The Special Exhibition of Cezanne’s work on display at the Metropolitan Museum of Art in New York until May 8, 2011 confirms the master’s importance and solidifies his influence on modern art as a whole.
Pablo Picasso once characterized Paul Cezanne ‘the father of us all’ – the “all” meaning every painter who identified with the modernist movement – and Cezanne apparently “referred to himself as the Moses of Aix” (Feaver 128). Cezanne is perhaps best known for his 1906 masterpiece “The Large Bathers,” a modern art essential work that served as the inspiration for Picasso’s later masterpiece “Les Demoiselles d’Avignon”.
One of the paintings on display in this exhibit is Paul Cezanne’s “The Card Players,” which dates from 1890–92. It is oil on canvas and measures 25 3/4 by 32 1/4 inches. Cezanne was in his early fifties and resided on his family estate at Aix en Provence in France at the time of its inception and execution. Aix en Provence provided the backdrop as well as the subject matter for the work; it was here that he used the local peasants employed by his family on the estate to sit for the paintings.
“The Card Players” is part of the Metropolitan Museum’s Special Collection put together by The Metropolitan Museum of Art, New York, and The Courtauld Gallery based in London, England. This painting is part of an exhibition that opens with engraved reproductions that locate card playing in its historical and artistic context from Renaissance painters to Flemish and Dutch Baroque masters (Campbell n.p.).
The exhibit also shows Cezanne’s studies used for the Card Players series, as well as three of his five major oil paintings that focus on card playing. The exhibit also houses portraits of some of the men who posed as the original Card Players (Campbell n.p.).
In the “The Card Players,” three men sit playing cards at a table while a fourth watches from the rear of canvas smoking a pipe. Overall it is a monochromatic work: the colours stay within the blue palette, with subtle contrasts of light blues against darker blues, and colder blues that give way to warmer indigo and violet hues.
Red is used to delicate effect – in the cravat of the pipe smoking spectator and upon the face cards on the table. “The Card Players” is a “single figure study,” and the cards at first glance appear to be little more than smudges (Schjeldahl 78). However upon close inspection it is apparent that the “clutter of coarse, arbitrary-seeming strokes” actually comprises flesh and blood men (Schjeldahl 78).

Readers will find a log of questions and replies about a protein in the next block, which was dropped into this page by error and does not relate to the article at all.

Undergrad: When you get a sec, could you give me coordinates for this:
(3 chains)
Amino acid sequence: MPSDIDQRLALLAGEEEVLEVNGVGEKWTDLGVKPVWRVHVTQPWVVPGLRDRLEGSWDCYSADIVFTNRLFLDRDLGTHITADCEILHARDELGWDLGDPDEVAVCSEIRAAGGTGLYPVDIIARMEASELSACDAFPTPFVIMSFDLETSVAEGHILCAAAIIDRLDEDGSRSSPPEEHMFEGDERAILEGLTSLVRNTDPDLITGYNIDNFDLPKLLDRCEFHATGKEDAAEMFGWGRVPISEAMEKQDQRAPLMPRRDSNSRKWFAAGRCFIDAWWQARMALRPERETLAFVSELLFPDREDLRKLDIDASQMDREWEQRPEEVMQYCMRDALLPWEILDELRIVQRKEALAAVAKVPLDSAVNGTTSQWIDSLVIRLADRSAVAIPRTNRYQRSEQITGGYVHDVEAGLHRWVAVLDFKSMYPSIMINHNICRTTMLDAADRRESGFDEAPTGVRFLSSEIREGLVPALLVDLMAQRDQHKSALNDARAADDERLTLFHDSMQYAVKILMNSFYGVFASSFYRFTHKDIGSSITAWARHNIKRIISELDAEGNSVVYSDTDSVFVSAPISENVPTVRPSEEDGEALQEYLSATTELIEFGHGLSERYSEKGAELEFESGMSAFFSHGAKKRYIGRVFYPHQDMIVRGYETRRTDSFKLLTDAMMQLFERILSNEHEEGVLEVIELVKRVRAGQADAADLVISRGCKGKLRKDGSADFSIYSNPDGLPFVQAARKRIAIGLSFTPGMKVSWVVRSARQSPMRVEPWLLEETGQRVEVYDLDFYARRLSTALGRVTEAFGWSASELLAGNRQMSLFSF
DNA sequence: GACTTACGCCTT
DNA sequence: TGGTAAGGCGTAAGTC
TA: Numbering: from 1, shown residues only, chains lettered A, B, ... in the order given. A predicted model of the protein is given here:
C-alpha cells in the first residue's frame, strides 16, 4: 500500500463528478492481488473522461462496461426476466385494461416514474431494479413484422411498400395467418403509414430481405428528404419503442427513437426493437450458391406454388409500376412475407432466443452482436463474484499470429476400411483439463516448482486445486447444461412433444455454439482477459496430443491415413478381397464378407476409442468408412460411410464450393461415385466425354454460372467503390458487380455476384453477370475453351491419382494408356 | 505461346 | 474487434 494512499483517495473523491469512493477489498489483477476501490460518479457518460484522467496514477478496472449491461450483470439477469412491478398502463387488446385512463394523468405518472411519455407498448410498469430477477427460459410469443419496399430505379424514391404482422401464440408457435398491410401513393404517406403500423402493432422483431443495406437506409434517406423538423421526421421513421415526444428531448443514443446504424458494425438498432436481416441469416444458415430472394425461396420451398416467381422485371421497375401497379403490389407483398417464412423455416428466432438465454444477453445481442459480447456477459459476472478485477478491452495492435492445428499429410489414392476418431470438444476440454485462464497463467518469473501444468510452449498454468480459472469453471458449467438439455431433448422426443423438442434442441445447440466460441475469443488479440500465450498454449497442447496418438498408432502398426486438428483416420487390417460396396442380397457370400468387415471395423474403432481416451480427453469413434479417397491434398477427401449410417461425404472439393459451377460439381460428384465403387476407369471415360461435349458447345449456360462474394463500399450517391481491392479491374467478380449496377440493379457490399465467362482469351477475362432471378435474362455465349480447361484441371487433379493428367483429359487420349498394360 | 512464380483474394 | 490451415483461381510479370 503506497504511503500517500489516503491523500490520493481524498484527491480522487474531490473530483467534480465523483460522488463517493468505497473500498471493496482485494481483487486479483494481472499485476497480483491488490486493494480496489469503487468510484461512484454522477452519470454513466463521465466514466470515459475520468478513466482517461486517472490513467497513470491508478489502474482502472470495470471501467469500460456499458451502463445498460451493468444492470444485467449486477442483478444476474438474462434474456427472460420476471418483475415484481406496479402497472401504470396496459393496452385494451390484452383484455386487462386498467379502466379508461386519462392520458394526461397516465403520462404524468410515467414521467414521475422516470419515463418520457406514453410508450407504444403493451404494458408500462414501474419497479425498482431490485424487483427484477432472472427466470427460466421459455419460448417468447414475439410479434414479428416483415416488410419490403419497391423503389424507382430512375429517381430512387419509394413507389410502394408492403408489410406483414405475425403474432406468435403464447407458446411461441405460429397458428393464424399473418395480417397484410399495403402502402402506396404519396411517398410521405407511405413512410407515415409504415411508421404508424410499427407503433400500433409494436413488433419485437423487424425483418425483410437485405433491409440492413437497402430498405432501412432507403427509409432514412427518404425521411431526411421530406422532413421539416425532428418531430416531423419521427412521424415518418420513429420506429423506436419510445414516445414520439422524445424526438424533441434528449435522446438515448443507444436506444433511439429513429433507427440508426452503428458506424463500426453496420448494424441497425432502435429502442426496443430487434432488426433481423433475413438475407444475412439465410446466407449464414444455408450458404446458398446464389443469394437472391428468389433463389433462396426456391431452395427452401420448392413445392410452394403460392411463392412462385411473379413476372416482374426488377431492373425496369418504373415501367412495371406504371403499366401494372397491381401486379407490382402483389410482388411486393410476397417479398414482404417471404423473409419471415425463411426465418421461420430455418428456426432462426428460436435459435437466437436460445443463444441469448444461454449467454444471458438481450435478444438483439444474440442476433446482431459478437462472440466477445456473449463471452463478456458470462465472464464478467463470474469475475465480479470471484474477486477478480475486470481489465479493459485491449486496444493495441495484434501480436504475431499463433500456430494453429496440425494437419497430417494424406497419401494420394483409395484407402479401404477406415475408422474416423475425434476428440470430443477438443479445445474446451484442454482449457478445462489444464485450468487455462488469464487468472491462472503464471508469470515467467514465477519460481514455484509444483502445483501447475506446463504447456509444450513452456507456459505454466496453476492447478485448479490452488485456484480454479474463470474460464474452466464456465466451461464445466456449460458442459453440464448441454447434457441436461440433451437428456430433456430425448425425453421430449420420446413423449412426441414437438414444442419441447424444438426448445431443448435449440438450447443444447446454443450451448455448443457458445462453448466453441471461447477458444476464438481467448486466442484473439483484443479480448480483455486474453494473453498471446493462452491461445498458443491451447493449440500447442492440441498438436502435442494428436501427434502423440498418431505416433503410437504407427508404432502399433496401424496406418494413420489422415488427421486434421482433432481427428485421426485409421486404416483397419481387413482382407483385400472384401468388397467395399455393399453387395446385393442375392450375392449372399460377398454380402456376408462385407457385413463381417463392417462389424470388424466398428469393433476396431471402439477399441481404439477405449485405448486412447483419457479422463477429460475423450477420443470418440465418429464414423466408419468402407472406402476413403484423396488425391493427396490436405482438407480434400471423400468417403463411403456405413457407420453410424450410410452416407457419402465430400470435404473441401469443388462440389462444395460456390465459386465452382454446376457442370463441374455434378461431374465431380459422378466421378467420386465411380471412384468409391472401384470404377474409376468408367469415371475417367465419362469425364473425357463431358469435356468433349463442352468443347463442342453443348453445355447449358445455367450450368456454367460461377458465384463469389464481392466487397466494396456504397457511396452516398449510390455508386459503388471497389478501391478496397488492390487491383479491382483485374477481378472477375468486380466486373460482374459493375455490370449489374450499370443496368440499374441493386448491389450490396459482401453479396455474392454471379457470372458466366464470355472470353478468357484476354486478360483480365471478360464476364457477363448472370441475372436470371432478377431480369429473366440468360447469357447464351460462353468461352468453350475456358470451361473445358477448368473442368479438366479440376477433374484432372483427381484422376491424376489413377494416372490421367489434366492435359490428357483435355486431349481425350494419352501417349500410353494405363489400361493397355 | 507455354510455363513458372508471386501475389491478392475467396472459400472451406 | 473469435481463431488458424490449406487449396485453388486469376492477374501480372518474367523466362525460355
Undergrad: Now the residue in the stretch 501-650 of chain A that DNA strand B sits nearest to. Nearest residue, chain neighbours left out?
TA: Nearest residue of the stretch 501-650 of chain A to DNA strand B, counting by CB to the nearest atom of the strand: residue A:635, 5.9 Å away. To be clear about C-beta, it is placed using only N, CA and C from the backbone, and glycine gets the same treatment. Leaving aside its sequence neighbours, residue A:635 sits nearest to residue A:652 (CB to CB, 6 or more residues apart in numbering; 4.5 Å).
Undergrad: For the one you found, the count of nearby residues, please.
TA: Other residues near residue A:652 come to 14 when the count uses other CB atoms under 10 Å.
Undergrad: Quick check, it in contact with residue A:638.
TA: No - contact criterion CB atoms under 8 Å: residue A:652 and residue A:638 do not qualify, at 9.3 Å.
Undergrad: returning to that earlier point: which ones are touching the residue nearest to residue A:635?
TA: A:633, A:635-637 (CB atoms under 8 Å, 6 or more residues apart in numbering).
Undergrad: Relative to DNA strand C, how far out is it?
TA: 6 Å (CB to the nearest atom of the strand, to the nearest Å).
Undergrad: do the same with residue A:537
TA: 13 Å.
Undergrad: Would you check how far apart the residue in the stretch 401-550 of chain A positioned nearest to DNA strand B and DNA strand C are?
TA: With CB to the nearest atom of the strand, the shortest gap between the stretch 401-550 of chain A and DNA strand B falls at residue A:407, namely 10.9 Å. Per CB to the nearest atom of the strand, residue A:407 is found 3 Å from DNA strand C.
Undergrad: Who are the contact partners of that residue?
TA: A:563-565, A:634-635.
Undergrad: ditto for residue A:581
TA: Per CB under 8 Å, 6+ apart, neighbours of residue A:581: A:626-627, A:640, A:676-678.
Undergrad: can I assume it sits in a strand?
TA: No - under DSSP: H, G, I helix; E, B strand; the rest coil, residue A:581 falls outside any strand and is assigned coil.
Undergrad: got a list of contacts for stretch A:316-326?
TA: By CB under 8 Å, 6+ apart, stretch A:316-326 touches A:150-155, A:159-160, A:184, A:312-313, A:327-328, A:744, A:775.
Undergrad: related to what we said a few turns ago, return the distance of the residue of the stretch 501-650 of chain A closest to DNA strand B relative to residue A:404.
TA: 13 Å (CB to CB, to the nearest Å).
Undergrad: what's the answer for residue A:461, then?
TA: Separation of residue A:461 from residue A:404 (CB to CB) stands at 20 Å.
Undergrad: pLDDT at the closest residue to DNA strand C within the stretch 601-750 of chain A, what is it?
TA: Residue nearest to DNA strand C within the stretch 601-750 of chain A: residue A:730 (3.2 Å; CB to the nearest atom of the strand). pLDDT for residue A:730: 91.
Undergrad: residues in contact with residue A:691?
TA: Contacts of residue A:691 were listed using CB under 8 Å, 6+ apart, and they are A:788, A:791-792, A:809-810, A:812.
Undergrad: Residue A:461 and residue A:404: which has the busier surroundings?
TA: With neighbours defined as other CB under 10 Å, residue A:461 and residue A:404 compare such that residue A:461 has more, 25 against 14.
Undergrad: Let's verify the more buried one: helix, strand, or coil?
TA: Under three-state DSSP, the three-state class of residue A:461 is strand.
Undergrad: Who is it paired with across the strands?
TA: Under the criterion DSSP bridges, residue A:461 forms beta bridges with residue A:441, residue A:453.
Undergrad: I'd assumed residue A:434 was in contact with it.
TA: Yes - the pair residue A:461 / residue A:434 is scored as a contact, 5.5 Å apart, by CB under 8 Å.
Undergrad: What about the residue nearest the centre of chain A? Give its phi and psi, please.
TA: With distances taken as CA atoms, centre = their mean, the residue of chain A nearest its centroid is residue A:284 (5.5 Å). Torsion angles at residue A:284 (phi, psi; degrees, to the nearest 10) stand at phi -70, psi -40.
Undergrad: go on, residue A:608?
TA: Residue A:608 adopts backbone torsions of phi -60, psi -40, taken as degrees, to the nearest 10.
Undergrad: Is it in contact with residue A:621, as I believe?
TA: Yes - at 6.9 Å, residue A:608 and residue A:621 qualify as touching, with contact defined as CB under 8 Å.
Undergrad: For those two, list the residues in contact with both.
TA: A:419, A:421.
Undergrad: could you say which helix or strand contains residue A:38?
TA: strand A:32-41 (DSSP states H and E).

The compilation of images seems to belong together and yet conflict and contrast with each other at the same time. The card players and pipe smoker, painted in a rich tapestry of bronzes and golds, fight the dogmatic nature of the colder blues and grays. In these paintings, the master detail reveals the painter’s obsession with reality, almost as if “Cezanne starts with a psychologically intense close-up and then steps gradually backwards” (Campbell-Johnston 15).
The main draw of the work remains Cezanne’s brushwork. The master was intensely exact and attempted to paint exactly as people saw, “to the testimony of eyesight,” thus the angles within the painting are slightly askew, testifying to the function of vision from the right eye as it moves to the left. The brushwork strikes bold forms into being with dark globs of colour, and he creates “surfaces so exciting that they seem almost to vibrate as you look” (Campbell-Johnston 15).
Essentially Cezanne points out to the viewer the illusion involved in the act of seeing. The net effect on the viewer of this brushwork seems simultaneously haphazard and intricately detailed, and the overall emotional impression of the canvas reflects this paradox. The viewer feels conflicting emotions while observing the canvas – the card players appear simultaneously thrilled and dejected, contented and forlorn, there and not there.
Though he began as an Impressionist, Cezanne doggedly worked through and surpassed Impressionism, as he was “dissatisfied with a style that sacrificed physical structure to retinal sensation.”
Cezanne’s goal was to find a way for painting to mirror the way of seeing, the way the human eye, optic nerve, retina and brain worked together to render meaning out of an endless series of disparate colours and shapes. Cezanne articulated his artistic vision herein: “I want to make of Impressionism something solid and durable, like the art of the museums.”
Cezanne eventually grew to the stature of the “beau ideal of modernist values” (Schjeldahl 78). According to Schjeldahl, his work came to represent for the twentieth century what paintings by Raphael had represented for earlier movements in that Cezanne’s paintings made “our perceptions of art inextricable from how it comes to be. Our eyes and minds, as we look, repaint the picture” (Schjeldahl 78). The exhibit at the Metropolitan Museum of Art offers viewers a chance to see a modernist master’s work up close and personal.
Campbell, Thomas. “Audio Guide.” www.metmuseum.org. The Metropolitan Museum of Art: Special Exhibitions. Web.
Campbell-Johnston, Rachel. “Best show in London? It’s on the Cards; Cezanne’s Meticulous Studies Give his Gamblers a Human Dignity, says Rachel Campbell-Johnston.” Times [London, England] 20 Oct. 2010: 15. Web.
Cezanne, Paul. The Card Players. 1890-1892. The Metropolitan Museum of Art: Special Exhibitions, New York. Metropolitan Museum of Art. Web.
Feaver, William. “The Moses of Aix.” ARTnews Dec. 1995: 128. Web.
Schjeldahl, Peter. “Game Change.” The New Yorker 28 Feb. 2011: 78. Web.